When Gregory Hicks testified yesterday in a House congressional hearing regarding the Sept. 11, 2012 Benghazi attacks, the U.S. State Department diplomat confirmed that he understood that Special Operations Command Africa made the call not to send a small group of four special forces troops from Tripoli to Benghazi after the U.S. Consulate.
At the time of the September 2012 attack, Hicks was the Deputy Chief of Mission at the U.S. embassy in Tripoli, Libya.
"You said that four military personnel were told not to the board that plane and that this call came from Special Operations Command Africa. Is that right?" asked Rep. Robin Kelly, per MediaMatters.org.
Hicks replied "That's what I understand" (video below).
However, last night on Fox News' Hannity, the host was still asking the question that Hicks had answered many hours earlier (video below).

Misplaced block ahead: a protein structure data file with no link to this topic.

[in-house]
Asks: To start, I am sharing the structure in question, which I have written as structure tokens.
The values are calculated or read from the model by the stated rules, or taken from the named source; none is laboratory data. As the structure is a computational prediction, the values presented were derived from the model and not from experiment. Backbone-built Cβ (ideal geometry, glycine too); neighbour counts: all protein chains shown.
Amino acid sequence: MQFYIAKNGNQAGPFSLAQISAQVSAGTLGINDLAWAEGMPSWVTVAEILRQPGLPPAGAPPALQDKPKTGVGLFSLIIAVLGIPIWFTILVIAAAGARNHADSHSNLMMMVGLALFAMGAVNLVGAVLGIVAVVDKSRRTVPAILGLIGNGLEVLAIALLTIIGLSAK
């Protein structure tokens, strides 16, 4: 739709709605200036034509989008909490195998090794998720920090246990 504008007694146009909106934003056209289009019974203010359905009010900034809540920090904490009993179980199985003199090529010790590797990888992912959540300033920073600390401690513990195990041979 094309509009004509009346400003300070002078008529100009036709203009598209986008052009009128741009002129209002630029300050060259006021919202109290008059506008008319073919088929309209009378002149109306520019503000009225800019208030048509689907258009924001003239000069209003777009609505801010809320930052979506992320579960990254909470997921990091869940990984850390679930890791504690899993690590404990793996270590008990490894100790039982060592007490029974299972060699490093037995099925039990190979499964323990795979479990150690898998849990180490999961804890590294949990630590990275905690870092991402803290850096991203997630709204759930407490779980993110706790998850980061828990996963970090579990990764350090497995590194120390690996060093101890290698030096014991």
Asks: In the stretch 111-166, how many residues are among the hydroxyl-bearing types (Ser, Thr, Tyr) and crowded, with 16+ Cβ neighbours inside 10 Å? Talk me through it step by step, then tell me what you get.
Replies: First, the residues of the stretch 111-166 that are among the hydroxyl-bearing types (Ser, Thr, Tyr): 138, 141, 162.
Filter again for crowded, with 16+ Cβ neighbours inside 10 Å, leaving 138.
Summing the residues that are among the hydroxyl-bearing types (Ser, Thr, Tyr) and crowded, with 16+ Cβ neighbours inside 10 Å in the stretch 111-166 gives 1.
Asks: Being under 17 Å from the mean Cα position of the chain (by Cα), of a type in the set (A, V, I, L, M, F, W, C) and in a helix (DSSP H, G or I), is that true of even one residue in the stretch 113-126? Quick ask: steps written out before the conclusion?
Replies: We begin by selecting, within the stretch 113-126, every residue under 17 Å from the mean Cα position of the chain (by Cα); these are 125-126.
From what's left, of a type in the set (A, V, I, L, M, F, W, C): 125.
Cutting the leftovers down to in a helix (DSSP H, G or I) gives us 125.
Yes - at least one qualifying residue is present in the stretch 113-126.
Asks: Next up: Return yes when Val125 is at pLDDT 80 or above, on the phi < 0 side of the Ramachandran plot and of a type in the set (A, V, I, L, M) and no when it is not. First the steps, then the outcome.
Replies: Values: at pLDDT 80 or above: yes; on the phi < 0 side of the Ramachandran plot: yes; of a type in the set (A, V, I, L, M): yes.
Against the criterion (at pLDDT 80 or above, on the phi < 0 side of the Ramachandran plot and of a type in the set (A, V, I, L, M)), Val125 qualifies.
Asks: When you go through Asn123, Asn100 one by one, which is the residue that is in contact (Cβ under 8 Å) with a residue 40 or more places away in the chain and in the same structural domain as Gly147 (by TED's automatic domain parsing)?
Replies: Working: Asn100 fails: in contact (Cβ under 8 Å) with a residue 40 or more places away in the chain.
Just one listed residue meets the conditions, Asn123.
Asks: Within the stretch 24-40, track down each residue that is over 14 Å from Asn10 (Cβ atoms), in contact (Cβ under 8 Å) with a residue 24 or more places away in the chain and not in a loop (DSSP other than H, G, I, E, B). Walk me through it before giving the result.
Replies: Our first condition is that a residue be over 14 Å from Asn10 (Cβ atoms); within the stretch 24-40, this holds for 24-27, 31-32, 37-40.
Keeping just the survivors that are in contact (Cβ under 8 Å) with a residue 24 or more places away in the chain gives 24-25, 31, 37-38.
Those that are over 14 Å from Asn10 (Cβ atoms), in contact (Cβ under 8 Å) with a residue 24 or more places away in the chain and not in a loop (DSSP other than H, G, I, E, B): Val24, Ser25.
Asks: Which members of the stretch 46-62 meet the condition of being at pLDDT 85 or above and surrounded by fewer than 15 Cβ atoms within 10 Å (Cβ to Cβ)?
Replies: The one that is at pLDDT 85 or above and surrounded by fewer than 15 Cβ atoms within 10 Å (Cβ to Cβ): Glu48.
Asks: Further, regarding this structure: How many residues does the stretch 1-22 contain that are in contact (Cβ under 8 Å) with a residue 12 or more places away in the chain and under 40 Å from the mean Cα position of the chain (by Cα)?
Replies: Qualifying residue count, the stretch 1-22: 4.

"We don't know who, eight months later, made a decision and told them to stand down while Americans were under fire and getting killed in Benghazi?" asked Hannity.
However, it is has been reported numerous times that the Pentagon never ordered anyone to "stand down," but kept the four-man special forces unit in Tripoli to secure the U.S. embassy there.
Air Force Major Rob Firman told USNews.com: "Were these guys told not to do anything? No. They were in Tripoli, supporting the U.S. security in Tripoli, and they were told to stay there. It was more important for those guys to be in Tripoli."